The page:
Connecting the mining history of Genk with the alarm bells of the present day and the metaphor of breath
In the very beginning of our journey I wrote down in my notebook:
Mining felt to me like an act in which the character of our culture becomes visible. We are digging into the ground to take the treasures of the earth in order to fuel our short–term needs, our highly over–demanding lifestyles. And even though most coal mines closed and we rely on other energy sources today that are also based on deplorable resources. But as we can easily ignore the ringing alarm bell we go on because we enjoy travelling and we do not want to give up the big variety we have in our consumption choices. We are walking on this planet like everything belonged to us and was there to serve our needs.
But someone is losing. Somewhere, an alarm bell is ringing. Did we hear it? Was it just that we did not know how to switch it off? Wasn't it ringing louder and louder?
And now – do we hear it now? With our economy laid flat and us sitting in our houses – waiting? Reflecting? What happens afterwards? How will we decide to go on?
How deep does the mine go? – Coal dust and glue on paper
In the 1980s, the coal mine of Winterslag closed. Thousands of workers have been working there, hundreds of meters above the ground. L. is one of them. In a phone conversation he tells me: "Most workers were paid depending on the production. So, the more coal was mined, the higher the loan. We also had protective face masks but they were made from rubber which led to acne and skin eruption, so no one used them. Later on, we got the medical masks but they made breathing harder and decreased productivity." Today, he has 19% dust on his lungs which is a comparably small amount, he says. In 2014, he was diagnosed with lung cancer on the right side. A year later, he is operated on the left side as well.
Breath is one of the most fundamental functions of our human bodies. The first inhale happens in the moment we are born. The moment when we are released to the world and are becoming autonomous humans. It happens subconsciously most of the time but making yourself conscious of your breathing can make you aware of your own physicality and the present moment you are in. Breath only exists in the present. It is a natural rhythm and impulse. Breathing in, taking in, creating room and tension. Breathing out, releasing tension, letting go. Pause, silence, impulse for the next inhale. In this simple scheme, there is an important truth. A truth about the natural cycles which are the basis of our human physicality and our surroundings.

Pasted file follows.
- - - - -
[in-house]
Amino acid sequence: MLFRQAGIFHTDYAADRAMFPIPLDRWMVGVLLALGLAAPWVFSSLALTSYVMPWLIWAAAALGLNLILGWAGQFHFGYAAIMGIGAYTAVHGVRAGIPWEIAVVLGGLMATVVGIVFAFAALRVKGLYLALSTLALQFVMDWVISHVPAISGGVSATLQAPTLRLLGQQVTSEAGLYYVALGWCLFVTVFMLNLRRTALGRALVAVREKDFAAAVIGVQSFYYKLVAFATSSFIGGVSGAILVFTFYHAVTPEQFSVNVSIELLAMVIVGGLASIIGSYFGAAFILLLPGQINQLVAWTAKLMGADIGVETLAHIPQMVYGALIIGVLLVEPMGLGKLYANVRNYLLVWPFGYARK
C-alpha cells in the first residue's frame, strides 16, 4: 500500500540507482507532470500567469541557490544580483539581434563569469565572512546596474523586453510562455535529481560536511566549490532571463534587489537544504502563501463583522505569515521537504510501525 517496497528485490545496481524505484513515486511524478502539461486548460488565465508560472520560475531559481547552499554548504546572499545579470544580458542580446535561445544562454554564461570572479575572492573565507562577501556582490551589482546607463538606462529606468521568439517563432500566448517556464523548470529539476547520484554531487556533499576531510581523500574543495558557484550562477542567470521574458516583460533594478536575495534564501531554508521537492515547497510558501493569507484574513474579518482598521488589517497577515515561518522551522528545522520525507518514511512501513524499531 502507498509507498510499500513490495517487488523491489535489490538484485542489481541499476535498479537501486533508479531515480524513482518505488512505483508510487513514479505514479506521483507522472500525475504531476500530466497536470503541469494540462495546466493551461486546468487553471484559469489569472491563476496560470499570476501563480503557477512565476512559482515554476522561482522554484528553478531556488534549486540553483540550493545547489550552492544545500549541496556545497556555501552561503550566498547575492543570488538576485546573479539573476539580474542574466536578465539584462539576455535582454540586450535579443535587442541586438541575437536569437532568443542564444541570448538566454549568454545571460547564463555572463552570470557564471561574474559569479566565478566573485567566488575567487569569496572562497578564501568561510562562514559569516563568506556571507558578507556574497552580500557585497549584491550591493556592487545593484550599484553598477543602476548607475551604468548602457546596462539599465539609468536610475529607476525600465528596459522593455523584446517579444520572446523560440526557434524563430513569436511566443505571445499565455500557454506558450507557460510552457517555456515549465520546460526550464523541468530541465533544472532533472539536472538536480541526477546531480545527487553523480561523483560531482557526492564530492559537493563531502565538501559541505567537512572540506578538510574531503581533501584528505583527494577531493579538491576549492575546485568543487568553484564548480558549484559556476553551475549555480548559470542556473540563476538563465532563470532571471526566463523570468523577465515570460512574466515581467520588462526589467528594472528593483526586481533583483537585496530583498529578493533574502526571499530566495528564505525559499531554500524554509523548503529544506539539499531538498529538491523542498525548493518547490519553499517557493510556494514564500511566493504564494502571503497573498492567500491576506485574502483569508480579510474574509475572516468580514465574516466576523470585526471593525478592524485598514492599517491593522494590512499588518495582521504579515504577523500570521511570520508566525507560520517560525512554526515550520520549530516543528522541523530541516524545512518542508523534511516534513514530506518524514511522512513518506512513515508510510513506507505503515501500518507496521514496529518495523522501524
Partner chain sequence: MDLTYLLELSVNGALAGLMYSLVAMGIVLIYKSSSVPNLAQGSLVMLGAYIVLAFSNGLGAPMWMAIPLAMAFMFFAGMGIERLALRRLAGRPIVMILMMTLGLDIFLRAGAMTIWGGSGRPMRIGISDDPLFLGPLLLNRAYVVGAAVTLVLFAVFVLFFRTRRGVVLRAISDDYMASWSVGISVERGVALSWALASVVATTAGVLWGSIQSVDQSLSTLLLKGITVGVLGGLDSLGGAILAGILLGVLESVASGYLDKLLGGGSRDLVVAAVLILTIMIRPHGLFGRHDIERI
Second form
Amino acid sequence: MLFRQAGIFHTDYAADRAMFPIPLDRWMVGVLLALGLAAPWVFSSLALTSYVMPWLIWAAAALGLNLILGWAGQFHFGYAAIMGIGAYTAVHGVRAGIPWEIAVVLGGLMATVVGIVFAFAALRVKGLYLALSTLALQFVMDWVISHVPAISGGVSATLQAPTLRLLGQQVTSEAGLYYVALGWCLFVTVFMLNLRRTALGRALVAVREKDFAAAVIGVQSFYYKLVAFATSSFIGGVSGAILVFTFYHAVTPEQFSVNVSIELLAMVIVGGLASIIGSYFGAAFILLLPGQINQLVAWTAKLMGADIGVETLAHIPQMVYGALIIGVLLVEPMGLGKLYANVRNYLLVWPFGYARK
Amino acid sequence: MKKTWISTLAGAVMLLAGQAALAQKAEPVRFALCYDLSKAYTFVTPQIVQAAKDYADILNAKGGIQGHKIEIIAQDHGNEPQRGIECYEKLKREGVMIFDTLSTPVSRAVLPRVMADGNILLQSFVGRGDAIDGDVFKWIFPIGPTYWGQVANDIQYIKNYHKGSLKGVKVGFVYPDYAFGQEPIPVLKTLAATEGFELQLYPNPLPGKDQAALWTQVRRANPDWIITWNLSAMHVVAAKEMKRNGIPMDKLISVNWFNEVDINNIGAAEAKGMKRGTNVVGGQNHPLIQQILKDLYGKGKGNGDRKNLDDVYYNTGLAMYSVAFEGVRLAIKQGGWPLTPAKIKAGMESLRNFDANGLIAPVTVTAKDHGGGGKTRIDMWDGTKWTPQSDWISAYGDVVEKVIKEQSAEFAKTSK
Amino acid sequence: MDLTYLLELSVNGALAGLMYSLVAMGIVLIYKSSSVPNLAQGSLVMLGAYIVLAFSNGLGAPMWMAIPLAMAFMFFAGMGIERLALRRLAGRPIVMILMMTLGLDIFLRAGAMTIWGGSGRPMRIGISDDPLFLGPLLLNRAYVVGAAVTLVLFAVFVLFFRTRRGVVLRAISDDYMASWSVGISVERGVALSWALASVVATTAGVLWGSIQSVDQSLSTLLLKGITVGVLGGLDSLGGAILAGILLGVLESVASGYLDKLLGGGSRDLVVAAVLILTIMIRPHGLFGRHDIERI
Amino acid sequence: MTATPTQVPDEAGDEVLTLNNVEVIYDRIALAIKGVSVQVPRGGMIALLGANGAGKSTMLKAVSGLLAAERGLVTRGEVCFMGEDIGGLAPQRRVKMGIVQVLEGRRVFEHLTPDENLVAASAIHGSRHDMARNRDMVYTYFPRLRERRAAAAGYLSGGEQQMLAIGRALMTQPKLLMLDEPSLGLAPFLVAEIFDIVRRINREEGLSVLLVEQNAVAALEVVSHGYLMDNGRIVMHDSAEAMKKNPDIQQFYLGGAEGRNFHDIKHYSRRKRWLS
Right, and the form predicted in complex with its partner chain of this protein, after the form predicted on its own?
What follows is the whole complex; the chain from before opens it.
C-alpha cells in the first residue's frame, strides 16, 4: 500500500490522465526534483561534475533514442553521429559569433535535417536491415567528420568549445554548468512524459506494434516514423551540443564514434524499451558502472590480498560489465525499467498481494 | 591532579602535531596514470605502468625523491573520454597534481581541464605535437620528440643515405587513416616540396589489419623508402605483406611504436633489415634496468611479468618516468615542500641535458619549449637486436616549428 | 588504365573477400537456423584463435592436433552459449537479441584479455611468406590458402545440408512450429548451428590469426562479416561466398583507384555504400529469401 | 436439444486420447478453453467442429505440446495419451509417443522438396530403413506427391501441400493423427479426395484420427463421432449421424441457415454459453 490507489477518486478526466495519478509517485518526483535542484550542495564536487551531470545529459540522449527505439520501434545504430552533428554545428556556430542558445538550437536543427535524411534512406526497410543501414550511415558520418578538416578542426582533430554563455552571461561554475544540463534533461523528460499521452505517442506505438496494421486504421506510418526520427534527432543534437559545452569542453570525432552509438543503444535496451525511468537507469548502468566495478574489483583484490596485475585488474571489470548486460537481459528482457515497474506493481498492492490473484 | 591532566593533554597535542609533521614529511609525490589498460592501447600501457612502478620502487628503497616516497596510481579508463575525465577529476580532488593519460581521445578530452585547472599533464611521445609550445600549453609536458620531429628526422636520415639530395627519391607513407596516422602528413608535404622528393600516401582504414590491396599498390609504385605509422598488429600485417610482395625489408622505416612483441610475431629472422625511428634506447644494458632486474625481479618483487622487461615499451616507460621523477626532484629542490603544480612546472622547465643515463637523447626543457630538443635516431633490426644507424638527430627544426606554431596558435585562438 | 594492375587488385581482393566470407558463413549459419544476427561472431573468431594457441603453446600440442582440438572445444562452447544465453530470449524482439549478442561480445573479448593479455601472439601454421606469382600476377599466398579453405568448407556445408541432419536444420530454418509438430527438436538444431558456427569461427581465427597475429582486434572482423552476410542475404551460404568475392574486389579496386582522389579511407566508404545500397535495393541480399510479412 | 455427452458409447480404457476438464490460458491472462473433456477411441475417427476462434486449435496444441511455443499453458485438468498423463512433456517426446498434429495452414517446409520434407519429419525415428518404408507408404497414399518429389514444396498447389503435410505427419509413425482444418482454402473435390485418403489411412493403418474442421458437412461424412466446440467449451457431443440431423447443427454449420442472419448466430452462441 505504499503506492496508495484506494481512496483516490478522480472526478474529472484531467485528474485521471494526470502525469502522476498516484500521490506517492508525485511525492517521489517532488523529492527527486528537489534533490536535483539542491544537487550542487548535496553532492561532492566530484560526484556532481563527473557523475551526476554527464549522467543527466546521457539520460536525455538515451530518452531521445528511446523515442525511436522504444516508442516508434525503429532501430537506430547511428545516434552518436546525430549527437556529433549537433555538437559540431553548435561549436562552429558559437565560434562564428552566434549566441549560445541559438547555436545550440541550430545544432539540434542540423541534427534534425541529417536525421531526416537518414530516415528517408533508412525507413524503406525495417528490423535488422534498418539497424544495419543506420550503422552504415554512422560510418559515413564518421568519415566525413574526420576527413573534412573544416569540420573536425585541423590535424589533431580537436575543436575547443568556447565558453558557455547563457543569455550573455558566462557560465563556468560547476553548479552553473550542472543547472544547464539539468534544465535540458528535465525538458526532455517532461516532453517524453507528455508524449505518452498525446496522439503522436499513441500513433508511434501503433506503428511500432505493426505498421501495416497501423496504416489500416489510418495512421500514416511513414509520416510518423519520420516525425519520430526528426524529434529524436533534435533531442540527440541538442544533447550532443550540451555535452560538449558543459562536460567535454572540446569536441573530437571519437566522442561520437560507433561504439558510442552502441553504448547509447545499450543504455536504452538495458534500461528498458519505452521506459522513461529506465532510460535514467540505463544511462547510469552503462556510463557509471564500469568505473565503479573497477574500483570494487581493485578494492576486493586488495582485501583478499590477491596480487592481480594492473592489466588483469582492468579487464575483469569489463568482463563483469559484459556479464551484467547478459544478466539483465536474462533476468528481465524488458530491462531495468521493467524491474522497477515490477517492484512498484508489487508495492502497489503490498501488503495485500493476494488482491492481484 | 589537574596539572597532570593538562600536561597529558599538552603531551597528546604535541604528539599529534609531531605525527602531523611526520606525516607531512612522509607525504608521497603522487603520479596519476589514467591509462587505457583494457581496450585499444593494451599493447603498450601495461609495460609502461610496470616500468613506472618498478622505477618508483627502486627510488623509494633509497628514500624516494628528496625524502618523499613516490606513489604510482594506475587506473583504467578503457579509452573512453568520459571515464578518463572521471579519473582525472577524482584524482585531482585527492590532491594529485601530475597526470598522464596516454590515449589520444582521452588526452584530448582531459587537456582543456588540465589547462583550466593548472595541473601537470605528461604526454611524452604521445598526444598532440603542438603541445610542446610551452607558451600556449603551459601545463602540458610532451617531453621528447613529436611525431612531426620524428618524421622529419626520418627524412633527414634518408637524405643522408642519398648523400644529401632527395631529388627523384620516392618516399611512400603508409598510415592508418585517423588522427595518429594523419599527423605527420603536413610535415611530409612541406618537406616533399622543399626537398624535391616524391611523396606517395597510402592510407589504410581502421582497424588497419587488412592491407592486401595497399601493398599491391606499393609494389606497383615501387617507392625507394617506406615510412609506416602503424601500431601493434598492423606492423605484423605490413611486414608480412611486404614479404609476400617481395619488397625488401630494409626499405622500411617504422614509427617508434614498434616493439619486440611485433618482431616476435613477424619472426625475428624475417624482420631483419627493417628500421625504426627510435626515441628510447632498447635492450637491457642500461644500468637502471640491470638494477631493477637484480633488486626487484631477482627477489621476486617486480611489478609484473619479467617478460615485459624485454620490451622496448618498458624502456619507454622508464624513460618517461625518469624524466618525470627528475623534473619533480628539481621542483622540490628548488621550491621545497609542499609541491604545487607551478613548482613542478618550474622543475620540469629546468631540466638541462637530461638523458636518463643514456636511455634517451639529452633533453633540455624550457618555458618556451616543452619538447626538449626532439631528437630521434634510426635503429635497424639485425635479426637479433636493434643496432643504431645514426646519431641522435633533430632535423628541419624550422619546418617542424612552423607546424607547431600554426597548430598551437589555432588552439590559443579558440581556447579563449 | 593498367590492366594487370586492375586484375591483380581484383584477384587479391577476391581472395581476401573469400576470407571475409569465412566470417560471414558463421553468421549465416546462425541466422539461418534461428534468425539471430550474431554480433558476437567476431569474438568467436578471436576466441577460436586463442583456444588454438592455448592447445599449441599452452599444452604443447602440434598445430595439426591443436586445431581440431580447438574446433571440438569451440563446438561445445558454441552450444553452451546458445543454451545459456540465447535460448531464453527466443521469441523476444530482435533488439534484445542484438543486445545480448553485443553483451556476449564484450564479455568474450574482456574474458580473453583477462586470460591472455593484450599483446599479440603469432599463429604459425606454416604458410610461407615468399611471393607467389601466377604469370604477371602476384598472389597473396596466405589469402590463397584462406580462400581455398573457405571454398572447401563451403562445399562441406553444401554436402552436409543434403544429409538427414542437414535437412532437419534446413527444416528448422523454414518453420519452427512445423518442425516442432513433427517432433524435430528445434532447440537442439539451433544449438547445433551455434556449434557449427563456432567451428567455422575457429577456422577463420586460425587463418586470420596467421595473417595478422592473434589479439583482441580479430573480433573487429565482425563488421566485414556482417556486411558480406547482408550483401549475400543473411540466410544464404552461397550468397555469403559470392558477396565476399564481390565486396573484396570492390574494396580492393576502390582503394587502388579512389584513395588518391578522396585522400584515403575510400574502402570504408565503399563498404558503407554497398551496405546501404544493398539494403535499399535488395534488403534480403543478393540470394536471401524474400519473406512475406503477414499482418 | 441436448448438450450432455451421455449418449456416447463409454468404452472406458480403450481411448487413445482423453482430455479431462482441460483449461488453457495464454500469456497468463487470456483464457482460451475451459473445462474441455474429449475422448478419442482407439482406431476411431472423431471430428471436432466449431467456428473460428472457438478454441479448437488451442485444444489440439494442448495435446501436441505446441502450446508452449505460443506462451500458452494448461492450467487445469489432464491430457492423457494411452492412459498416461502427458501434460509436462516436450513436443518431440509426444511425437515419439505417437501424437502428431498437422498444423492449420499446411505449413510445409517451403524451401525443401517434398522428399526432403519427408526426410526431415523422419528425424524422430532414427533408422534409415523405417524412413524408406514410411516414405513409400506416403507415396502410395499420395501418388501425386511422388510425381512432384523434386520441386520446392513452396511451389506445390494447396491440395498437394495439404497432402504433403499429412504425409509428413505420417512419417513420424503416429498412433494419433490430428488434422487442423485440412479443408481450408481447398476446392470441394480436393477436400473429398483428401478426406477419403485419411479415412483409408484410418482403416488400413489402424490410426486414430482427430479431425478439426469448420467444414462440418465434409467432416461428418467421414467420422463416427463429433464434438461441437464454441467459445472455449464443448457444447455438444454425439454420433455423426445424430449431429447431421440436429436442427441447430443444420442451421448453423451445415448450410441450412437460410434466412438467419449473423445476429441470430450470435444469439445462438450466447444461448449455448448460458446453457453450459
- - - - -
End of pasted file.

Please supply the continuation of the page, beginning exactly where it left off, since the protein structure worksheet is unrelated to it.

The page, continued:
I have the feeling that we lost the sense of listening to natural rhythms.
The world we live in has developed into a culture of constant acceleration. We made enormous mobility, flexibility and an abundance of offers and opportunities our standard. And all this has a high prize. The corona crisis is an alarm bell that we cannot overhear. It screams at us that something is going wrong. That there are a lot of aspects in our thinking and acting that cannot be long–lasting. We take, take, take but never pause, never let go, wait and create space for something new to emerge.
When connecting this back to the mining industry which left its workers with lung diseases and breathing difficulties, the metaphor is complete. Not being able to breath anymore, to follow one's most natural impulse and to live with this constant restraint – this is the reality of the ex–miners. "I am glad that this stopped", L. tells me. Today, he lives with 32% of his lung's capacity.
In my short tale–like story, I am trying to formulate and illustrate the issue I see in the attitude we have towards the earth, in the misbalance of our demanding lifestyles. But I also see hope. And the chance to decide anew today. We have to connect back to ourselves. To our breath in this moment. It can be a reminder of who we are and where we can go.
Enjoy the read!